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ahmed ashraf

28.10.2019 10:13:00
Nuclear power is the use of nuclear reactions that release nuclear
energy to generate heat, which is used in steam turbines to produce electricity in
a nuclear power plant. Egypt for the first time has planned to use nuclear power.
El Dabaa nuclear power plant, which will be Egypt’s first
nuclear power plant, is planned to be built in Matrouh Governorate on the
Mediterranean coast. Construction on the plant is expected to start in 2020, with
commissioning expected to begin in 2026. The Government of Egypt signed
two contracts with the Russian Government for the construction and of the El
Dabaa NPP in November 2015. Russia will fund Egypt 85% of the construction
cost of the El Dabaa nuclear power project. Russia will provide a $25 billion
loan, under a financial agreement signed between the Ministry of Finance of
Egypt and the Ministry of Finance of the Russian Federation. The loan will be
replayed over a period of 22 years at an interest rate of 3% a year.
In November 2015, an intergovernmental agreement was signed
with Russia to build and operate the four reactors: fuel, supply, used fuel,
training and development of regulatory infrastructure. The government also
ordered preparations for construction of the units to begin in 2016. In April
2019, NPPA received a site approval permit for the El Dabba from the Egyptian
Nuclear Regulation and Radiological Authority (ENRRA). The contractual
scope also includes the supply of nuclear fuel over the plant’s entire operational
life, assistance for the operation, and maintenance of the plant for the initial ten
years of operation. ROSATOM will also build storage and supply container for
storing spent fuel.
“There are many risks to the use of nuclear technologies,” said
Egyptian lawmaker Ahmed al-Tantawi. “The government needs to reconsider
the project, especially if it only wants to use it in the generation of electrical
power, of which we have surpluses already.” The Russian government has not
clarified the circumstances of August 8 explosion that killed five research
workers. The blast is believed to have been caused by a nuclear-powered test
gone wrong. The construction of the plant is to start next year in El Dabaa, a
coastal region in north-western Egypt. The plant is to include four nuclear
reactors, each with the capacity to generate 1,200 megawatts of power.
Egyptian President Abdel Fattah al-Sisi’s administration signed
an agreement for the use of Russian nuclear technology in 2015 and signed a
contract for the construction of the power plant in ElDabaa in December 2017.
“The construction of the plant makes it necessary for us to abide by the highest
safety standards,” Tantawi said.
"A year after the operation of its first phase in 2026, the plant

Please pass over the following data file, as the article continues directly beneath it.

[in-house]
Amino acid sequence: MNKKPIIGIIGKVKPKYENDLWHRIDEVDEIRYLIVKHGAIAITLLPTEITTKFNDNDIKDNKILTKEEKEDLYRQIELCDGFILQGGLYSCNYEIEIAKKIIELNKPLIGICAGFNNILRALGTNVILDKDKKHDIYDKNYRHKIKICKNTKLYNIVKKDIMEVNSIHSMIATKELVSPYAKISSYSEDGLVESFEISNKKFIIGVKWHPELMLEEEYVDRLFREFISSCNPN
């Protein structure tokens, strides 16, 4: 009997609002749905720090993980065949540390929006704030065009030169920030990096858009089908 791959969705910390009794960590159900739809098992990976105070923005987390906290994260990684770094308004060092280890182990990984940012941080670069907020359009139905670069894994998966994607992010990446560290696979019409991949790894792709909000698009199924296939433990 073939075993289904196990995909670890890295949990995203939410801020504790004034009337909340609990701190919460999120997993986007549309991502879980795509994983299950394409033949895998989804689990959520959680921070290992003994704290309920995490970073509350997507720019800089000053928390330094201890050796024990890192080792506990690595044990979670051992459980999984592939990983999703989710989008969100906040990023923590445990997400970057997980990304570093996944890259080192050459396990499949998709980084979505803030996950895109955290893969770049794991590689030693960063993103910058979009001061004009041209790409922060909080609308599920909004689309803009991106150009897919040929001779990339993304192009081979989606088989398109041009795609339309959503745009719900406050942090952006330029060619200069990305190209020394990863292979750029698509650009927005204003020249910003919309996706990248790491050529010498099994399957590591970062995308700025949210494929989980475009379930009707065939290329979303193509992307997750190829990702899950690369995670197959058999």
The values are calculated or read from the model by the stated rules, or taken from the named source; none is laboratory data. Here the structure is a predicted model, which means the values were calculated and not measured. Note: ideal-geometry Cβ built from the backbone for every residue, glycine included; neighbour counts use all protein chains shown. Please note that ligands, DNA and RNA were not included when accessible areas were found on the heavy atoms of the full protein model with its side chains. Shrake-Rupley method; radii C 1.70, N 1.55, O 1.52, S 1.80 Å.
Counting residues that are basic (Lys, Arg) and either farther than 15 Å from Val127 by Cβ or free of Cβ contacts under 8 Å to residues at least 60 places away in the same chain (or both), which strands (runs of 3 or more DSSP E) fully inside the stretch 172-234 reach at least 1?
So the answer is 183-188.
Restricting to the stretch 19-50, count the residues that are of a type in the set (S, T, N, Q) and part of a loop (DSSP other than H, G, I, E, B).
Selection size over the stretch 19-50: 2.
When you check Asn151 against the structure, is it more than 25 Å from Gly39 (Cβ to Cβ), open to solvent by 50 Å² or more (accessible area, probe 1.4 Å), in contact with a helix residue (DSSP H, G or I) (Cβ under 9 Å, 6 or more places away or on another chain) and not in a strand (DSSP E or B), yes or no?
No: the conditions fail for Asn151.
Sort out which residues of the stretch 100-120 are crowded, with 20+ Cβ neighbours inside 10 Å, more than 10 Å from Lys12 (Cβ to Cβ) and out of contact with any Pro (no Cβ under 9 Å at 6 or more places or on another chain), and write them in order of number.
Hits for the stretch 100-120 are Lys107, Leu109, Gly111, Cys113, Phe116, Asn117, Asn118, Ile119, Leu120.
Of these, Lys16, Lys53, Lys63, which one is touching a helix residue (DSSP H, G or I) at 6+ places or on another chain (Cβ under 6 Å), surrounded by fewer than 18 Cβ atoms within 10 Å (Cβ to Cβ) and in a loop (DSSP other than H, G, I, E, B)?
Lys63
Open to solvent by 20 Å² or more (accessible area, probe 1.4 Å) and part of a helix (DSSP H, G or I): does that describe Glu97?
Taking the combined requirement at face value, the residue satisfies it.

would contribute 10% of all electricity in Egypt. By 2050, it would provide
30% of the country’s electricity. Egypt’s annual electricity generation has
reached 58,000 megawatts, which is more than the country’s currently needs
after spending tens of billions of dollars on new electricity plants and starting
the use of renewable energy. However, Egypt’s rapidly growing population will
need more electricity in the future. A nuclear power programme also should
help Cairo diversity its energy sources."
"The nuclear power plant is important for the localisation of
nuclear technologies. It is a move that would serve the industrial sector and
nuclear-based scientific research," specialists said. “This project is extremely
important for the future of energy in Egypt,” said Ali Abdel Nabi, a former
vice-chairman of the NPPA. “Nuclear energy will provide us with clean and
also safe energy.”
Nuclear energy in Malaysia, according to the change of
government in Malaysian administration, the new government decided to cancel
the plan for the construction of nuclear power plants to generate electricity as
"science itself were still unable to find proper ways to dispose nuclear waste".
Nuclear energy in Greece, the government believes that due to the
country’s small size and frequent earthquakes in the region with Italy, and
Turkey, nuclear power would not provide many benefits.
Nuclear energy in Italy, the construction of nuclear energy has
started in the early 1960s, but all plants were closed by 1990 following the
Italian nuclear power referendum. However, following the 2011 Japanese
nuclear accidents, the Italian government put a one-year moratorium on plans to
revive nuclear power.
Nuclear energy in germany, In September 2011, German engineers
announced it will withdraw entirely from the nuclear industry, as a response to
the nuclear disaster in Japan, and said that they would no longer build nuclear
power plants anywhere in the world.
Nuclear energy in spain, the government decided to shut down the
country's oldest nuclear plant. The government says it's closing the country's
oldest nuclear power station because of lack of support among political parties
and companies involved to keep it open.
Nuclear energy in Switzerland, In 2011, the federal authorities
decided to phase out nuclear power in Switzerland as a consequence of the
Fukushima accident in Japan. “In late 2013 the operator BKW decided to cease
all electrical generation in 2019 in the Mühleberg plant, which has a similar
design to Fukushima.”
Nuclear power plants’ advantage is that it does not use large amounts of
fossil fuels. Coal and natural gas power plants release much more carbon
dioxide into the atmosphere, contributing to climate change. With nuclear
power plants, carbon dioxide releases are minimal.
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